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Article
July 1997

Deficiency of Naive T Cells in Patients With Sudden Deafness

Author Affiliations

From the Services of Otorhinolaryngology (Drs García-Berrocal, Ramírez-Camacho, González, and Vergara) and Internal Medicine I (Drs Vargas, Gea-Banacloche, and Durántez), Clinica Puerta de Hierro, Autónoma University, Madrid, Spain.

Arch Otolaryngol Head Neck Surg. 1997;123(7):712-717. doi:10.1001/archotol.1997.01900070056009
Abstract

Background:  Although there are a number of reports concerned with the role of immunity in the sudden onset of progressive sensorineural hearing loss, there are few references dealing with the involvement of immunemediated mechanisms in sudden deafness.

Objective:  To study the phenotype of peripheral blood lymphocytes in a group of patients with sudden deafness by use of 3-color flow cytometry.

Design:  The study was carried out prior to the start of steroid therapy. Fourteen patients underwent a follow-up study once steroid therapy had been completed. Prospective analysis, case-control.

Setting:  Tertiary case referral center, ambulatory and hospitalized care.

Patients:  Twenty-two patients (13 men and 9 women; mean age, 45.3 years) were compared with 14 healthy control subjects (9 men and 5 women; mean age, 36 years). Patients were divided in 2 groups according to their response to steroid therapy.

Results:  Decreased numbers of both CD4+ helper cells (38.4% vs 45.5%; P=.04) and CD8+ cytotoxic cells (17.5% vs 22.3%; P=.02) were observed in patients and compared with those in the control subjects, as well as reduced numbers of CD4+CD45RA+ cells (14.4% vs 29.3%; P=.01) and CD8+CD45RA+ naive cells (18.2% vs 25.4%; P=.04). In the group of patients with a good response to steroid therapy (group 1), a tendency toward normalization of the CD4+ (pretreatment, 38.6%; posttreatment, 44.6%), CD4+CD45RA+ (pretreatment, 15.2%; posttreatment, 21.7%), and CD4+CD45RO+ (pretreatment, 21.1%; posttreatment, 18.2%) cell counts was observed, with a slight decrease in the CD8+ population (pretreatment, 18%; posttreatment, 15.7%). However, in patients with a poorer response (group 2), while there were increases in the CD4+ (pretreatment, 38%; posttreatment, 50%) and CD4+CD45RA+ (pretreatment, 12.8%; posttreatment, 16.7%) cell counts after steroid therapy, there was a significant increment in the CD4+CD45RO+ memory cell count (pretreatment, 14,1%; posttreatment, 28.5%) and low CD8+CD45RA+ counts (pretreatment, 14.6%; posttreatment, 15.5%). No differences were observed in the numbers of B or natural killer cells or in the presence of activation antigens CD25 and HLA-DR when pretreatment and posttreatment levels were compared.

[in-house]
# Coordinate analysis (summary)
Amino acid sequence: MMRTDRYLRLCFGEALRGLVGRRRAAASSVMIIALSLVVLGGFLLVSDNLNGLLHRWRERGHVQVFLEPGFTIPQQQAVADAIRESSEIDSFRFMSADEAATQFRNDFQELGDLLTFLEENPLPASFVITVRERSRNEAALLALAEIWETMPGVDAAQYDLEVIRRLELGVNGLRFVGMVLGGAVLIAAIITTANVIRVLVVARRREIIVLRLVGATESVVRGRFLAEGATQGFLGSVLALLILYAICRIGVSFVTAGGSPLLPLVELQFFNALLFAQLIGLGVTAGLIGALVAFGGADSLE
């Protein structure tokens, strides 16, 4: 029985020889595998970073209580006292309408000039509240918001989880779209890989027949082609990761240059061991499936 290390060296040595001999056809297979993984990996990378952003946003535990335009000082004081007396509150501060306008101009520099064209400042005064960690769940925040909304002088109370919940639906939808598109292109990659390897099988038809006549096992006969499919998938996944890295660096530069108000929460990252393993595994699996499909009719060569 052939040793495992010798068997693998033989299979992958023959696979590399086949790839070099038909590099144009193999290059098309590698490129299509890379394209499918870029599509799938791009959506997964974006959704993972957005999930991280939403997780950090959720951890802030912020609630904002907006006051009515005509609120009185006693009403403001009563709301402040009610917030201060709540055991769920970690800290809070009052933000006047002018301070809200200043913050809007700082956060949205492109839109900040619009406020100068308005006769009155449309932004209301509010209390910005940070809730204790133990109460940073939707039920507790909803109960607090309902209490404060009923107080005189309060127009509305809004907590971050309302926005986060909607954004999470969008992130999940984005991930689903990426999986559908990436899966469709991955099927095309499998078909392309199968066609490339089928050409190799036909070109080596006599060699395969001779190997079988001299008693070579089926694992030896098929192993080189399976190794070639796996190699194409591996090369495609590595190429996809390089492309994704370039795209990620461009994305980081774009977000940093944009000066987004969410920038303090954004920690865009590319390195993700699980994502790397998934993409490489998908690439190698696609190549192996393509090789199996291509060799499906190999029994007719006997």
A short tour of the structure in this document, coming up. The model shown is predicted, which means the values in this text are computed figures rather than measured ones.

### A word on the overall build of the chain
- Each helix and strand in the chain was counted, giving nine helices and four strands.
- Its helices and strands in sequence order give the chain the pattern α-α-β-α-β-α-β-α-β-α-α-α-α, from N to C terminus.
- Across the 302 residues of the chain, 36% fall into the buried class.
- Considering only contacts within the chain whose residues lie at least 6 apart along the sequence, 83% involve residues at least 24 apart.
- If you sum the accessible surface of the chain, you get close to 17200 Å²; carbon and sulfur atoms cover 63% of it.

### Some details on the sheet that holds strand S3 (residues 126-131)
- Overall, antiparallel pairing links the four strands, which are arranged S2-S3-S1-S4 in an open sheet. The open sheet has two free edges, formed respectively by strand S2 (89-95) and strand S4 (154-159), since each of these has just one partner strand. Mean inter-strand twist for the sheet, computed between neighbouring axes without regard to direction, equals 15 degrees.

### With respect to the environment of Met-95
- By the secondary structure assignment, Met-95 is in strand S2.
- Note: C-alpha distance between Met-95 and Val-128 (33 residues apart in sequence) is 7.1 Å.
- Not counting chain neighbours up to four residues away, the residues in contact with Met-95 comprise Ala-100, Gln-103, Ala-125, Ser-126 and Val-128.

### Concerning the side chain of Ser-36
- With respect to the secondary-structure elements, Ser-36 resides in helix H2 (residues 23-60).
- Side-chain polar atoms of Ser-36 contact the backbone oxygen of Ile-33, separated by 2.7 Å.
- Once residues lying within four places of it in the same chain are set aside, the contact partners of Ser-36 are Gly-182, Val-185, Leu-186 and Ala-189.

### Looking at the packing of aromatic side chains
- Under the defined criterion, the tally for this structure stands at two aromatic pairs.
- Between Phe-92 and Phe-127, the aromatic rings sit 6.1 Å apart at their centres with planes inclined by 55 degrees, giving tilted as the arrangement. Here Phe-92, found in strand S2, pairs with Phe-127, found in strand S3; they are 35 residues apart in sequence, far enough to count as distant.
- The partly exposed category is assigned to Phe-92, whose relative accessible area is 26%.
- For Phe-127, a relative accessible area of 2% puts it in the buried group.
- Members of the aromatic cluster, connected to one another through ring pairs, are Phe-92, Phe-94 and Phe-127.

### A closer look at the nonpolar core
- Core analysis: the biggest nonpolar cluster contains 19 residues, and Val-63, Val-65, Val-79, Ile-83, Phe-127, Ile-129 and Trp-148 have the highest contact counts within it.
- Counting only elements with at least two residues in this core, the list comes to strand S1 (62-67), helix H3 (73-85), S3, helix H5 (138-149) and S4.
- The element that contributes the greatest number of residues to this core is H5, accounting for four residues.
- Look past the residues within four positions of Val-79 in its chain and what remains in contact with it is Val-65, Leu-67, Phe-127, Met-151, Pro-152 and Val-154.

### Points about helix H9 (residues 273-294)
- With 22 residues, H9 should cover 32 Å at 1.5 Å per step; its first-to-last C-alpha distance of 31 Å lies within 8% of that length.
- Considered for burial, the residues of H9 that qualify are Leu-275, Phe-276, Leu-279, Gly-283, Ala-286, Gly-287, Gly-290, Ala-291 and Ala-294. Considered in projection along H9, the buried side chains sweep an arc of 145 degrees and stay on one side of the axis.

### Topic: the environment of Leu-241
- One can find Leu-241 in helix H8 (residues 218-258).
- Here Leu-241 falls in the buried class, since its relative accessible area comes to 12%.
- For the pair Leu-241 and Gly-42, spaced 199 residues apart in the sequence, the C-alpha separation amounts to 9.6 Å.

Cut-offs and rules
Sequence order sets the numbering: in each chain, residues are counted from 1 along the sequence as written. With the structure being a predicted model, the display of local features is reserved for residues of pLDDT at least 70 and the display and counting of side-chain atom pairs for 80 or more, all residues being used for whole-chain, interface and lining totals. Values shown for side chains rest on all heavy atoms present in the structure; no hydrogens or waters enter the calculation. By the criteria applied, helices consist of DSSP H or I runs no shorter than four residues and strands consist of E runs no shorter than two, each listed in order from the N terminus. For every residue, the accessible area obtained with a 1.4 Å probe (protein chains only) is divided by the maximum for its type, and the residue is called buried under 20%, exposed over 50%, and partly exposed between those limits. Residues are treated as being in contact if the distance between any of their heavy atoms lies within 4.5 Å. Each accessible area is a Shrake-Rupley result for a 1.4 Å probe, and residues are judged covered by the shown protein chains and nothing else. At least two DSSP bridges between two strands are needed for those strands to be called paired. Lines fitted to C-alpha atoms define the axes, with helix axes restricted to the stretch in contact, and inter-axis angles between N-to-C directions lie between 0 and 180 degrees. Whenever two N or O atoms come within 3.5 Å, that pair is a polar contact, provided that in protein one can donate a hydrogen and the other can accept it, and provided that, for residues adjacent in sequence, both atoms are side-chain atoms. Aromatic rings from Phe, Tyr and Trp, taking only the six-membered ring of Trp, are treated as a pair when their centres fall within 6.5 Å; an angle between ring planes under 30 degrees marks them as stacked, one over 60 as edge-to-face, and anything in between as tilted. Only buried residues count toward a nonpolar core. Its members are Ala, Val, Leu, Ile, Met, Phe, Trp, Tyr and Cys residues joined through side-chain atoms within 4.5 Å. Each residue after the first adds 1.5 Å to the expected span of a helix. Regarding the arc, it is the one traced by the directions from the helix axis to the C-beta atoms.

Conclusion:  These results demonstrate significant abnormalities in the subpopulations of lymphocytes in patients with sudden hearing loss, suggesting the existence of immune-mediated responses in the inner ear as possible etiopathogenic factors in this entity.Arch Otolaryngol Head Neck Surg. 1997;123:712-717

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